Fraction comparison for 4th Graders. They’ve been working a lot with representing fractions as circles and as rectangles. They’ve done some basic addition with fractions. Most aren’t generally able to find equivalent fractions.
What mistakes do you expect to see in the class set?
Make a prediction! Mark it down somewhere. Don’t do that internet thing of just continuously scrolling through a page at half-attention. Take a moment, form a thought. Then scroll on for the full class set of 14.
In the comments, would you please answer this question: Which mistake most surprised you? Why?
I find this fascinating. This student clearly knows how that multiplying the base and the height of a rectangle gives you its area. She even knows how to multiply fraction. But when it comes to part (d), she adds the numbers instead of multiplying them.
In earlier writing I hypothesized that, when put in unfamiliar situations, students often default to an “easier” operation. This idea now seems problematic to me. What, after all, is an “easier” operation any way? And what exactly would trigger this default to some other operation? And how do we explain why competent adults — like me — make similar mistakes on my own work?
It now seems more likely to me that we associate certain pairs of numbers with certain operations. Think about the numbers 100 and 1/2. I’d suggest that most people have an association of “50” with 100 and 1/2. After all, how often have you been asked to add 100 and 1/2 together? How often have you been asked to subtract 1/2 from 100? In contrast, how often have you been asked to find 1/2 of 100?
How often have you been asked to multiply 5 1/2 and 2 1/4 together? My guess is that you — and the student above — have been asked to add these sorts of mixed numbers more often than multiply them.
The idea here is that the pairs of numbers themselves come with associations.
There’s a hard version of this claim that I don’t mean to make. I don’t mean to say that, no matter the context, you’d expect a student to add 5 1/2 and 2 1/4 together. I think a division problem with mixed numbers is unlikely to trigger associations with addition. Maybe I’m moving towards a two-part model? The sorts of mistakes we make with numbers depends both on the associations with the operation and also associations with the numbers? And things get really bad when these two associations point in the same direction?
This theory feels very testable, but at the moment I’m having a hard time articulating a possible test of it. But we should be able to mess with people’s associations with numbers and see if that changes the sorts of mistakes that they make. Ideas?
Shared by Tracy on twitter, and a great conversation ensued.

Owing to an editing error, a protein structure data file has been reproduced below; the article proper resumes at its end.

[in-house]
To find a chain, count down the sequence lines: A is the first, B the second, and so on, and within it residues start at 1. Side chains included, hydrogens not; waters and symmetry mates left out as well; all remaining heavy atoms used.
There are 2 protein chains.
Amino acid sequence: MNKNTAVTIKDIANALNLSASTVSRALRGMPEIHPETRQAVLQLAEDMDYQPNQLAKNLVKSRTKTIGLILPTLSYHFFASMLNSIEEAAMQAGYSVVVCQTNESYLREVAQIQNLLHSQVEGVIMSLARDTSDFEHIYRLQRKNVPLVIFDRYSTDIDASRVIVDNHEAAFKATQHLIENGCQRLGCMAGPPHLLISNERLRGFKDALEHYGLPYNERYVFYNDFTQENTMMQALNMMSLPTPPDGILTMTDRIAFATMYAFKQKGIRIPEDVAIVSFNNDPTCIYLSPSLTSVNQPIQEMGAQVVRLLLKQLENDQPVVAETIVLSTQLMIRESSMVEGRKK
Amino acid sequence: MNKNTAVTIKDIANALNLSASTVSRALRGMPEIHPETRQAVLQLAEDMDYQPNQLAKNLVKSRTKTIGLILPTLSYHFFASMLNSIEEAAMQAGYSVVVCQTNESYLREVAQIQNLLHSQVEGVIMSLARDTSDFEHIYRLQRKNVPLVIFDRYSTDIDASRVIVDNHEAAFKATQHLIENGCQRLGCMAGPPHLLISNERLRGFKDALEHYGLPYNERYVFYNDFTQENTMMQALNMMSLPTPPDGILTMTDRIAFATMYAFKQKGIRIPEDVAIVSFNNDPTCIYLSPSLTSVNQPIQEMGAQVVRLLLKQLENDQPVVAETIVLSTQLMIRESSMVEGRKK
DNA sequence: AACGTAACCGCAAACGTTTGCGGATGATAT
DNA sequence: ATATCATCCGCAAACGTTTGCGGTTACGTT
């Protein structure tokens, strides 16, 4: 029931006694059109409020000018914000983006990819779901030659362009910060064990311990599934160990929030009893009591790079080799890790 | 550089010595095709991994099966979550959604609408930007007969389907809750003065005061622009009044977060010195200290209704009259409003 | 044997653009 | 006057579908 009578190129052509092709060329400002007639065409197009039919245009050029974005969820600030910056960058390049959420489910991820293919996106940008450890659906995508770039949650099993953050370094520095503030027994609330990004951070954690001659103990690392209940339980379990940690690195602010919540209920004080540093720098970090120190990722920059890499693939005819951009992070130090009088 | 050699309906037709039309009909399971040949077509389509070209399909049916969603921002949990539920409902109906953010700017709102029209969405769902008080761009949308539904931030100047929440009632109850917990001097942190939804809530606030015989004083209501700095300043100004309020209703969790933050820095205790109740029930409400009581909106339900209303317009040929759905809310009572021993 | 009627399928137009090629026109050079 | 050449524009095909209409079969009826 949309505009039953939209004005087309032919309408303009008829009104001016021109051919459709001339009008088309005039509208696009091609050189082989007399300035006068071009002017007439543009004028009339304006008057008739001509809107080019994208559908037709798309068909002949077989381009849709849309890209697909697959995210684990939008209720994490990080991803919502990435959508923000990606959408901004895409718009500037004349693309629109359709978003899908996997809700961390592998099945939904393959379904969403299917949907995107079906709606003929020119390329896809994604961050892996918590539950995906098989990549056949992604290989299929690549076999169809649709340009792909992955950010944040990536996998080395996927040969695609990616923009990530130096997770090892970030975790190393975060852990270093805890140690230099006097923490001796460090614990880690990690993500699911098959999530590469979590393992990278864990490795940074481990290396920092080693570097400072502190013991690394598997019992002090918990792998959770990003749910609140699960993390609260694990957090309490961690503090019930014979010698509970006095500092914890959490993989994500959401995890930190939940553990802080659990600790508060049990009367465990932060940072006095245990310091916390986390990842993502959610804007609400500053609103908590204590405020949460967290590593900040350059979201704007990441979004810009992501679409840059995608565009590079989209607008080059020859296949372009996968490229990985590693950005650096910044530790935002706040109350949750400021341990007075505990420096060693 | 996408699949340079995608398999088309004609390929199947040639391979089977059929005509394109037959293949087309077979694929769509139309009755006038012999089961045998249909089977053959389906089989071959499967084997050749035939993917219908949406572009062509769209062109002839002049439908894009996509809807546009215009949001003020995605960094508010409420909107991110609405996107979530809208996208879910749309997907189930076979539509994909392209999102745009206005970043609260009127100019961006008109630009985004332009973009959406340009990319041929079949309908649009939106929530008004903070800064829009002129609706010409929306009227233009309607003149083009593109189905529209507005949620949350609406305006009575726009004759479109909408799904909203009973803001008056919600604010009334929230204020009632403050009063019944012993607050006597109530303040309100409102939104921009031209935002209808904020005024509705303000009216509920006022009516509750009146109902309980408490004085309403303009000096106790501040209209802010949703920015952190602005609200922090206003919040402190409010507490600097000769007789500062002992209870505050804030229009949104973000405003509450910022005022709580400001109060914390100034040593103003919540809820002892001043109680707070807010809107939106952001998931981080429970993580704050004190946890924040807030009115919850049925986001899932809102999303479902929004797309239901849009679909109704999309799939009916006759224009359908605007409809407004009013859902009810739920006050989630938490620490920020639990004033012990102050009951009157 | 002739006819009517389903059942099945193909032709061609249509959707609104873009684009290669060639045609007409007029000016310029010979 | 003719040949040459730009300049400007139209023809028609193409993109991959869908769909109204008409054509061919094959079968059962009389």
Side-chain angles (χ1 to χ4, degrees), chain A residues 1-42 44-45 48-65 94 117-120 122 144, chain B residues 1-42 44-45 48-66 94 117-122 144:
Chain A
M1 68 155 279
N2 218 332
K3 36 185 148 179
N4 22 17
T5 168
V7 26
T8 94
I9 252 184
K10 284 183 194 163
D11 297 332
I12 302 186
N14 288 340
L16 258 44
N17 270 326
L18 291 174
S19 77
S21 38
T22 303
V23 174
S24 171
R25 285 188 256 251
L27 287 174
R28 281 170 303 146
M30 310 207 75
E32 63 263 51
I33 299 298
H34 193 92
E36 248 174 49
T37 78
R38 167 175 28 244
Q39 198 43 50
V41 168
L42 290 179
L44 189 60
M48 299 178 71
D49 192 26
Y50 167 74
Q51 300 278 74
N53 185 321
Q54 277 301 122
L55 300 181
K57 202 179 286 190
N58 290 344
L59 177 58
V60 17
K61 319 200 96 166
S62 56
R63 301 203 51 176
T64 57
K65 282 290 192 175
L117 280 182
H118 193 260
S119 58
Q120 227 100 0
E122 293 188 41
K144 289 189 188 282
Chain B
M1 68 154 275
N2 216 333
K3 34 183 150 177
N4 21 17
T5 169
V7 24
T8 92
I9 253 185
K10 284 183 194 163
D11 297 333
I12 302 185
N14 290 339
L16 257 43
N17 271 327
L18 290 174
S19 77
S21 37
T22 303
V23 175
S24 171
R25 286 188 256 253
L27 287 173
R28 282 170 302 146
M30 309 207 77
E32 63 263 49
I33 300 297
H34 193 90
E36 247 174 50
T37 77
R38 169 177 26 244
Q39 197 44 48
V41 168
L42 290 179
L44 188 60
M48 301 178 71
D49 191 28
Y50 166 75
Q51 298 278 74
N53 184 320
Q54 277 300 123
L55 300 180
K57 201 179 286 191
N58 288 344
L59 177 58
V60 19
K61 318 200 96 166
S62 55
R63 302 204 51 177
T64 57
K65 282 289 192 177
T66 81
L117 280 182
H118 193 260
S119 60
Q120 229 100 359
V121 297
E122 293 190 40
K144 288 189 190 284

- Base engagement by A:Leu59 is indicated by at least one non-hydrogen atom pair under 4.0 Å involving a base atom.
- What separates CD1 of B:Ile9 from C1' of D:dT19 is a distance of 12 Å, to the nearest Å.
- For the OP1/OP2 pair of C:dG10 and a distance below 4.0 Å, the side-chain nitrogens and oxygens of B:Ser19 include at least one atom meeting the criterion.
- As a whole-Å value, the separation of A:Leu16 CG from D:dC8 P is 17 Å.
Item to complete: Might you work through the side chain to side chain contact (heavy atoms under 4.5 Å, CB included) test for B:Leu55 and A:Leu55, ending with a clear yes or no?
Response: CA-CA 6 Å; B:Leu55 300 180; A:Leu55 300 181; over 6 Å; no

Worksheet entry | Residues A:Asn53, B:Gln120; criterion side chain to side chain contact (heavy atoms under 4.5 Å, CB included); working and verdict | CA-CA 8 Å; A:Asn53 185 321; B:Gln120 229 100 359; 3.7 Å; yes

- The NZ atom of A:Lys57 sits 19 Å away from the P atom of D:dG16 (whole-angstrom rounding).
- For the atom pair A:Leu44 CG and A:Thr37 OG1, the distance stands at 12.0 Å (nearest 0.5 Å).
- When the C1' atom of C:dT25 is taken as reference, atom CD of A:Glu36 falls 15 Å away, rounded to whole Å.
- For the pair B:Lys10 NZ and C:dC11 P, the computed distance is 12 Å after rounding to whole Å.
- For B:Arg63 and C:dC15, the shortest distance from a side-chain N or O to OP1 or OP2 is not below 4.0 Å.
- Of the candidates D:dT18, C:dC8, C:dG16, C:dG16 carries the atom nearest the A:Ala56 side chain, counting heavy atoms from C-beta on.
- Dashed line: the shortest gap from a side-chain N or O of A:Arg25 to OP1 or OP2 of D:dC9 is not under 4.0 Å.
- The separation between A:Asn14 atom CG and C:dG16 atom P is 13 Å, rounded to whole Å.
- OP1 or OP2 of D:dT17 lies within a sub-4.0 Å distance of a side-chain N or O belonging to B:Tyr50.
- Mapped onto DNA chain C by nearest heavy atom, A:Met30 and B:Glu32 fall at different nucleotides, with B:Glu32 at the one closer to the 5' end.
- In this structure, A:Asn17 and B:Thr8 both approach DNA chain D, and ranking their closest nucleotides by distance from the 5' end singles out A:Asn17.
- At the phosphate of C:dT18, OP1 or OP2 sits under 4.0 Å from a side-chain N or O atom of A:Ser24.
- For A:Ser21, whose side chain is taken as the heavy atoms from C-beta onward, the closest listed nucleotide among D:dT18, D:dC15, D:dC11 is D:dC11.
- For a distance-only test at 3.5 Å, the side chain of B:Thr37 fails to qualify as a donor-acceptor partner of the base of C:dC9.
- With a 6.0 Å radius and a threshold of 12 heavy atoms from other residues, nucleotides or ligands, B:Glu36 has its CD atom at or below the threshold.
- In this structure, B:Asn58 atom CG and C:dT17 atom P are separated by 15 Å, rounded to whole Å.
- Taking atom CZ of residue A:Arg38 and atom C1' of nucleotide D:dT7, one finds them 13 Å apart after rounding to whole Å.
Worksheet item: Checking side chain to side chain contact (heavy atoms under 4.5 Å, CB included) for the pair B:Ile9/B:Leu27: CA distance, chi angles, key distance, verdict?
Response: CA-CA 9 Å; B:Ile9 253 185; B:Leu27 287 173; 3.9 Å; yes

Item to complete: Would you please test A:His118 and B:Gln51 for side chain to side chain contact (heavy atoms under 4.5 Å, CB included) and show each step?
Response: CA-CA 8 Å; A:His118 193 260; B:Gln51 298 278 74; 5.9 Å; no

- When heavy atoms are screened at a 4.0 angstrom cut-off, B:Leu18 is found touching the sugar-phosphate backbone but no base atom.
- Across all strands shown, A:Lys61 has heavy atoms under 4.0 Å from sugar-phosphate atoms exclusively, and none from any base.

Thanks for this, Graham!
What’s interesting about this to me is the mental connection between division and subtraction. I doubt that this kid has anything like an explicit model of division that involves “taking away,” but it makes sense to me that the ideas of subtraction/division would be associated much in the way that addition/multiplication are.
All the more reason to make sure that there’s a robust understanding of multiplication that goes beyond “repeated addition,” no?
Nathan sends along a really lovely fraction mistake.
If I’ve got this right, the kid added 3 and 7 to get the numerator, and added 1 and 2 to get the numerator? This is a way of thinking about fractions that’s new to me. Can anyone offer a better theory or some helpful context for this kids’ thinking?
Part of what makes learning fractions tricky is that there at least three unnatural things to learn:
- The written language of fractions
- The spoken language of fractions
- The math of fractions
I work in a third grade classroom right now and I’ve heard a bunch of kids say something like the following:
“This is a third.”
Why? There’s an enormous mushing that goes around with “fourth” and “four,” with “third” and “three.”
Related(?) mistake: 4/6 is equivalent to 1/3
Maybe that isn’t related, but I heard it out of a kid who thought a third was 3/4, so it’s probably connected somehow. Maybe you guys can figure out how.
I’m a big fan of Stadel’s Black Box. I think what makes it fun is that there’s something small to figure out (What does the black box do?) before figuring out the big thing (What’s the sum of those two fractions?)
I recently did this with my fourth graders, and it was a ton of fun. Here were some of their answers to 1/2 + 1/3:
3 1/2 / 4 (three and a half fourths)
Can you figure out how kids got each of these answers?
Not really a mistake, but my kids have started doing this.
How do we feel about this, team? I think that I like it.
Misconceptions surrounding fractions are so well-studied that I feel a bit ridiculous sharing anything about them. Anyway…
I was chatting with this kid who was having a bunch of trouble with written fraction notation. She had been correctly solving problems that involved language such as “shade in four out of seven pieces” or “divide this shape into eighths,” but got stuck when she reached a problem that asked her to “shade in 4/6 of the shape.”
Alice: Oh, so that’s 5.
Me: Can you explain why?
Alice: Because it’s not six sixths.
Me: So, not quite.
Alice: Oh, it’s 2. Because that’s 6-4.
Alice: Or it’s 10?
Alice: I’m really confused here. What’s the answer?
There’s no puzzles or misunderstandings here. Alice thought that the fraction symbol was an operation between the numbers 4 and 6. And of course she did. Every other time that she’s seen two numbers and a symbol before she’s been asked to produce a third number. This is new ground for her.
I’ve been taking the advice of Brilliant Commenters Fawn, Jenny and Avery and using the language of “out of” to bridge the gap for this kid.
This mistake seems to say something significant about the way this student sees fractions, but I’m not able to piece it all together. Maybe you can?